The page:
Friday mystery object #245

This week I have a guest mystery object for you from Dr Nick Crumpton at the NHM.

Hello Zygoma fans. Nick Crumpton here from across the way at the Natural History Museum in South Ken.

Well, this fellow completely stumped me for a few hours this week on finding it in our teaching collection:


Until, that is, I called on the always helpful advice of Mr Viscardi (OK, and a certain Mr Garrod too…)

I’d love to see whether anyone can work out what it is, and how they figured it out!

You can leave your suggestions and thoughts in the comments section below – enjoy!

Friday mystery object #232 answer

Last Friday I gave you this nice robust skull to identify:


There was a healthy discussion about possible identifications, with the importance of scale mentioned more than once (by Jake, palaeosam, Lena and Robin Birrrdegg). Not only is this a robust skull, it’s also quite large, ruling out the British carnivores – and it clearly is a carnivore judging by the canines and the well-defined sagittal crest.

The lack of cutting and puncturing premolars and molars means that cats, dogs, hyaenas and other very carnivorous large carnivores can be ruled out, narrowing down the likely options in the right size range to the bears, as recognised by palaeosam, Ric Morris, Robin Birrrdegg, Will Viscardi, cromercrox, cackhandedkate, Lena, Daniel Calleri, henstridgesj and Carlos.

The species is a bit more difficult to work out, but the big sagittal crest and fused sutures suggests that this is not an juvenile bear, meaning it’s too small for a bear of the Brown  or Polar variety. That still leaves quite a range of other possible bears, but the pronounced forehead and long square muzzle rules out the Giant Panda, Sun Bear, Spectacled Bear and Asiatic Black Bear, while the big robust incisors rule out the Sloth Bear. That leaves the American Black Bear Ursus americanus Pallas, 1780.

Ursus americanus by Mike Bender/U.S. Fish and Wildlife Service, 2008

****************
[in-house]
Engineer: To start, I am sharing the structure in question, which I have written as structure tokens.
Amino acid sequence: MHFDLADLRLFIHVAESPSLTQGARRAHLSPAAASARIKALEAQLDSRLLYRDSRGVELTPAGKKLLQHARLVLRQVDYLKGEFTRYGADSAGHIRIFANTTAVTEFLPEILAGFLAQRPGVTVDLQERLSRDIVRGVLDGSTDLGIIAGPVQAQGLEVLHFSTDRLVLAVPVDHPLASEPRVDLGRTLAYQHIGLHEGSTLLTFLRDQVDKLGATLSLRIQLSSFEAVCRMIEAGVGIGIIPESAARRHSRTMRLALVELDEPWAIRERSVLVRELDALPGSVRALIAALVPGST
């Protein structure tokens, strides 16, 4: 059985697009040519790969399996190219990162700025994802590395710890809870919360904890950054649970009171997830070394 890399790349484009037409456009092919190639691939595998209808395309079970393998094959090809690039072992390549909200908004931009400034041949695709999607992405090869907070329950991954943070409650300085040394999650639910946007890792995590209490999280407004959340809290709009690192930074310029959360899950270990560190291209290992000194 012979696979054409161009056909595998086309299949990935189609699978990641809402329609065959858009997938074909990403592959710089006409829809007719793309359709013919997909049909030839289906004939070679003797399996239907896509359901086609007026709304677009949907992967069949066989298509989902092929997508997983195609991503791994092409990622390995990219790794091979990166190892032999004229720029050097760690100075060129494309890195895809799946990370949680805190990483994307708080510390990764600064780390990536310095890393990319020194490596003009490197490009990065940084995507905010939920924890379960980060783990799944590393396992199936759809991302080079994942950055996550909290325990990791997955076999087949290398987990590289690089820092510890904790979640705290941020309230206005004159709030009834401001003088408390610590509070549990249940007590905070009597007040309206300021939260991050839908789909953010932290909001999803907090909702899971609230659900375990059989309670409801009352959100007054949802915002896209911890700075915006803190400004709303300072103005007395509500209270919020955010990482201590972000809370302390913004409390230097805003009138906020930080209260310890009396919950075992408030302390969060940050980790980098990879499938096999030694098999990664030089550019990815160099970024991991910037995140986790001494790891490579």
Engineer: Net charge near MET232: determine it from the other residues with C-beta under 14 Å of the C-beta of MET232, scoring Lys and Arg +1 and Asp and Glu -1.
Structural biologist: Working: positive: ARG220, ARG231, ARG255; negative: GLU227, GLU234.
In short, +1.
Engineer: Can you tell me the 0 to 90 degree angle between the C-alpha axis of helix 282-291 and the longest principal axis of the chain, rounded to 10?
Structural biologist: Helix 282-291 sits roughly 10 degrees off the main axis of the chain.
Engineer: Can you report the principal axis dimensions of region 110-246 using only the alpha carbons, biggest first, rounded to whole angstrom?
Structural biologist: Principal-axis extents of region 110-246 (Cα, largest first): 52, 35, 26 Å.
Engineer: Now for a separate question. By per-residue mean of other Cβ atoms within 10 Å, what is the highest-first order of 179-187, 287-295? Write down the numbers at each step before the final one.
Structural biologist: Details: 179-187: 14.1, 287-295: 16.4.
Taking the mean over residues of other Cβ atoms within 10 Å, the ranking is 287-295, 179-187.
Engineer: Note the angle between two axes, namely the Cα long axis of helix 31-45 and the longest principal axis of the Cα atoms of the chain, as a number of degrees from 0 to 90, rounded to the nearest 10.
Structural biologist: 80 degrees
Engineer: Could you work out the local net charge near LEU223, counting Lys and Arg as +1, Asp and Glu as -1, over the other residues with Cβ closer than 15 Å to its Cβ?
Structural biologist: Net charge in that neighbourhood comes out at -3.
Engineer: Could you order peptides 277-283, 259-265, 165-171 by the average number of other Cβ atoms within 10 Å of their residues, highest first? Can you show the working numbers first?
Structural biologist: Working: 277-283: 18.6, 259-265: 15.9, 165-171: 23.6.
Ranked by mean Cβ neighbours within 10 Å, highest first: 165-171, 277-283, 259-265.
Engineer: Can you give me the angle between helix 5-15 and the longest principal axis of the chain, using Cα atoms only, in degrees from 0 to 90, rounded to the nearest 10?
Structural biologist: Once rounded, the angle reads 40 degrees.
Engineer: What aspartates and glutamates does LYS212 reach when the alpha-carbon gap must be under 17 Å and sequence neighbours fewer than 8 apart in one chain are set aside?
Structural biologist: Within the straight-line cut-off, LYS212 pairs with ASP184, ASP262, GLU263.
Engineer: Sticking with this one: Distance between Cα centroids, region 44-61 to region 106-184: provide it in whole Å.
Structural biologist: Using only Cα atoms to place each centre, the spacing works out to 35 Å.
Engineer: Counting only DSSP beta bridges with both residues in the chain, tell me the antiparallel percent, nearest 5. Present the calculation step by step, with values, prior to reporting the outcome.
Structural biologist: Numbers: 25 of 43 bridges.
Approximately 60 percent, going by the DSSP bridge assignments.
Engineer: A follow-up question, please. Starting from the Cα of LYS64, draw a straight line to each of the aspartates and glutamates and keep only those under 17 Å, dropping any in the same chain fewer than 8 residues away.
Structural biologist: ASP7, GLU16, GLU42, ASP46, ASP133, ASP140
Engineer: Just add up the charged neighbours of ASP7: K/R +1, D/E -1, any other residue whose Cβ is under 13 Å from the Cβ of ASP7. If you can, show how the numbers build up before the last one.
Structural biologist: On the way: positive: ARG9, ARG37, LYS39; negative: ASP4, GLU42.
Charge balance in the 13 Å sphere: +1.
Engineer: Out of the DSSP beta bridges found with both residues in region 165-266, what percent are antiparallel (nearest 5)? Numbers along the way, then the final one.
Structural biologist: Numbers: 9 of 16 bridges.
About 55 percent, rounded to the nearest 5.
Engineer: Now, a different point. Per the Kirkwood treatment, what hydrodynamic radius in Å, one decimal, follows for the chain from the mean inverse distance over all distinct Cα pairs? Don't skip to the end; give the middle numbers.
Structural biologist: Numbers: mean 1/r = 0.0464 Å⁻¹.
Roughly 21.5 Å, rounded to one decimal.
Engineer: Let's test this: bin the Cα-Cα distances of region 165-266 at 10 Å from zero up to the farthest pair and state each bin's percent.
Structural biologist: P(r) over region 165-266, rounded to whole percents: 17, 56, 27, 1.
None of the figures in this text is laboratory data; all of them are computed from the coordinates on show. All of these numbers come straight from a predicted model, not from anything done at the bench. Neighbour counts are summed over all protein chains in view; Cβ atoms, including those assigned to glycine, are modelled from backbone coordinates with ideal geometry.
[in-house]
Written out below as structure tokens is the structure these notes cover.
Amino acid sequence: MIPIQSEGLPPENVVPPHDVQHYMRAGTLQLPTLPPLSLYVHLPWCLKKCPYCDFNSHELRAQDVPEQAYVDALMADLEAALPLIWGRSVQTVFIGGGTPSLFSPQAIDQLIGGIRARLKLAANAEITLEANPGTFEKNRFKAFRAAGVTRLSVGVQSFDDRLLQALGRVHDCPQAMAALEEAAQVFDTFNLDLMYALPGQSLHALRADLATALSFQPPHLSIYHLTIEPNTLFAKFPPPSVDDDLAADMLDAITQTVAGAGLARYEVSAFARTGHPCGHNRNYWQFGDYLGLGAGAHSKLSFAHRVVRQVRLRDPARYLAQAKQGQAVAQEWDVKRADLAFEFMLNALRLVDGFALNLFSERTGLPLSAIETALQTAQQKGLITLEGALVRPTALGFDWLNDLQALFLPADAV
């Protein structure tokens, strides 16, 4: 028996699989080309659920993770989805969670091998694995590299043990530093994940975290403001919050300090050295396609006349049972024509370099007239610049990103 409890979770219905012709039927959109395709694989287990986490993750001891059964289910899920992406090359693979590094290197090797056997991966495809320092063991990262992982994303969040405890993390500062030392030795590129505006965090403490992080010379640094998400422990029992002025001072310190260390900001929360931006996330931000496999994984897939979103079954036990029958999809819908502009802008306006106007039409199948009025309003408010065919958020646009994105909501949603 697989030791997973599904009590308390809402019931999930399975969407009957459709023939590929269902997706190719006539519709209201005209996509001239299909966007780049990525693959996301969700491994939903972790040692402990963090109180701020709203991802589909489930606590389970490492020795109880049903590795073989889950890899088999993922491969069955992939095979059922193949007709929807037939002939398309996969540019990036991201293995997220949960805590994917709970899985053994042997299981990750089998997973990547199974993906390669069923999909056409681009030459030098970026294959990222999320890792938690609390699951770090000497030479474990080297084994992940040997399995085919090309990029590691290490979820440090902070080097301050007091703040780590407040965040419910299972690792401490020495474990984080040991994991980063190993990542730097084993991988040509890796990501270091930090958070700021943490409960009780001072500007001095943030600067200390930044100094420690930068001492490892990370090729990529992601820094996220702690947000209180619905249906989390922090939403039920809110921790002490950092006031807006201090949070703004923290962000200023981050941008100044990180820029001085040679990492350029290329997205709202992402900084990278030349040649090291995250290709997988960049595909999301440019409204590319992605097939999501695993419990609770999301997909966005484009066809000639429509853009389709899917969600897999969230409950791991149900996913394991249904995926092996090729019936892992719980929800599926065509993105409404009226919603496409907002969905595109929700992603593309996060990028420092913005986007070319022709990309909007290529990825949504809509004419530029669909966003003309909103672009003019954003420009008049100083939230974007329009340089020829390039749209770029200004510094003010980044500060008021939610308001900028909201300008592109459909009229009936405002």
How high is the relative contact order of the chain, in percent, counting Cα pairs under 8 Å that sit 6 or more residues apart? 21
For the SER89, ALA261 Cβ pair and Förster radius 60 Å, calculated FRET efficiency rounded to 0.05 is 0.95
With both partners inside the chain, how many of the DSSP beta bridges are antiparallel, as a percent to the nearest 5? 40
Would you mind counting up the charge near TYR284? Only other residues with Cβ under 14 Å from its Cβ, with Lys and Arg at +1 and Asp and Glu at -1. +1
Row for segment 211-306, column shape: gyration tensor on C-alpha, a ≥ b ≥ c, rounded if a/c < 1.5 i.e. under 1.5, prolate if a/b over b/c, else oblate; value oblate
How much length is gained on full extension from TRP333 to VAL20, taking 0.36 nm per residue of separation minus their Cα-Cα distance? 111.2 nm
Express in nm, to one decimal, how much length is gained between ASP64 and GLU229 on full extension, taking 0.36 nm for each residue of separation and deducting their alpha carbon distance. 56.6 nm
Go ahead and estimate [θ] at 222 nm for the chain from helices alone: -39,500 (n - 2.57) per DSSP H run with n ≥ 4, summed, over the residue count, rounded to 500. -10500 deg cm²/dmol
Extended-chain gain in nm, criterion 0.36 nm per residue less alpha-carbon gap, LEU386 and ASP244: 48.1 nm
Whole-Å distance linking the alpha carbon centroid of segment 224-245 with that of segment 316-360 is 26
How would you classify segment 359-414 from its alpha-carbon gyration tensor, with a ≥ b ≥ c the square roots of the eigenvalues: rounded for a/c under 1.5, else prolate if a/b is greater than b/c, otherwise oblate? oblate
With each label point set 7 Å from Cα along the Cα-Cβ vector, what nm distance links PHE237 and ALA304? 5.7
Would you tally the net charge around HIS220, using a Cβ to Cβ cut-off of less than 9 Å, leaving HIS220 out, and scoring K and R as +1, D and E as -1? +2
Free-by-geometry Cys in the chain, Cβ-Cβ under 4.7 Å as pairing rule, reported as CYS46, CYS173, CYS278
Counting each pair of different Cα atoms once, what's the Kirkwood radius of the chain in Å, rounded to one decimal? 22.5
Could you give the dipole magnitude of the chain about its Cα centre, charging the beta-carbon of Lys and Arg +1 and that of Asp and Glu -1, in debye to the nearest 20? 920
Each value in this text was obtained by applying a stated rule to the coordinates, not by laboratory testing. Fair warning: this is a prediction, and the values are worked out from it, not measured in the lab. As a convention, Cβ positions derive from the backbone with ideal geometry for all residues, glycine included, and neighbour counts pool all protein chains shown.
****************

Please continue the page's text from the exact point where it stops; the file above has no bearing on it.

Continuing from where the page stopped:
Ursus americanus by Mike Bender/U.S. Fish and Wildlife Service, 2008

So well done to cromercrox, Carlos and Robin Birdeggg who all got the species correct!

Friday mystery object #223 answer

Last Friday I gave you this fine feline to have a go at identifying:


I was a little suspicious of the identification attached to the specimen, but Al Klein suggested the same species – the Jaguarundi Puma yagouaroundi (É. Geoffroy Saint-Hilaire, 1803) [link opens pdf].

My reasons for suspicion were the nature of the post-orbital constriction (the narrowing of the braincase behind the eyes), the nature of the zygomaticotemporal suture between the temporal process of the zygomatic and the zygomatic process of the temporal bone (the bit where two bones meet to make the arch of the cheek) and the shape of the nasal bones where they meet the frontals (the V shaped bones above the nose area).

The observation by henstridgesj that the skull was similar to the previous mystery object (Leopardus tigrinus) was a good one, so I decided to research the genus Leopardus in a bit more detail, to see if there was a better match.

It turns out that the skull I found that matched this one most closely – especially with regard to the relative lack of a post-orbital constriction and the nasal-frontal junction – was the highly arboreal Margay Leopardus wiedii (Schinz, 1821) [link opens pdf].

Margay - Leopardus wiedii, Summit Municipal Parque, Panama. By Brian Gratwicke.

I’m always a bit reticent to re-identify specimens that have original labels from the supplier attached as this one does, but this comes from suppliers (Dr.s Schlüter & Mass) that I know have seriously misidentified or mislabelled specimens in the past (e.g. labelling a African Lappet-faced Vulture as an Andean Condor from Bolivia).

Of course, the real identification may be even more complicated, since the South American cats have a bit of a track record for hybridising to the point of masking distinct species, so any identification I make will be laden with disclaimers and caveats. The joy of real-world animals when contrasted against nice simple biological concepts…

What is a curator?

What is a curator?

Every so often I’ll meet someone who asks me what I do; this draws the response “I’m a natural history curator”*. Sometimes I will then be faced with the dreaded follow-up question “what does that mean?”

I hate it when this happens, because the curatorial role involves lots of different things and it can be hard to summarise them in any kind of concise and intelligible way. Different museums expect different things from curators, which will usually depend on the rest of the staffing structure. So when I answer I can only really answer for myself and what I think MY curatorial role entails.


The most obvious responsibility is “curating collections”, which is not actually an explanation in any meaningful way. To curate more or less means to “take care of”, but these days the museum sector has become professionalised and there are other specialists who take on much of the duty of care; conservators, collections managers, documentalists and so on.

What I bring to the care side of things overlaps with these roles, but my spin is to bring subject specialist knowledge to the mix.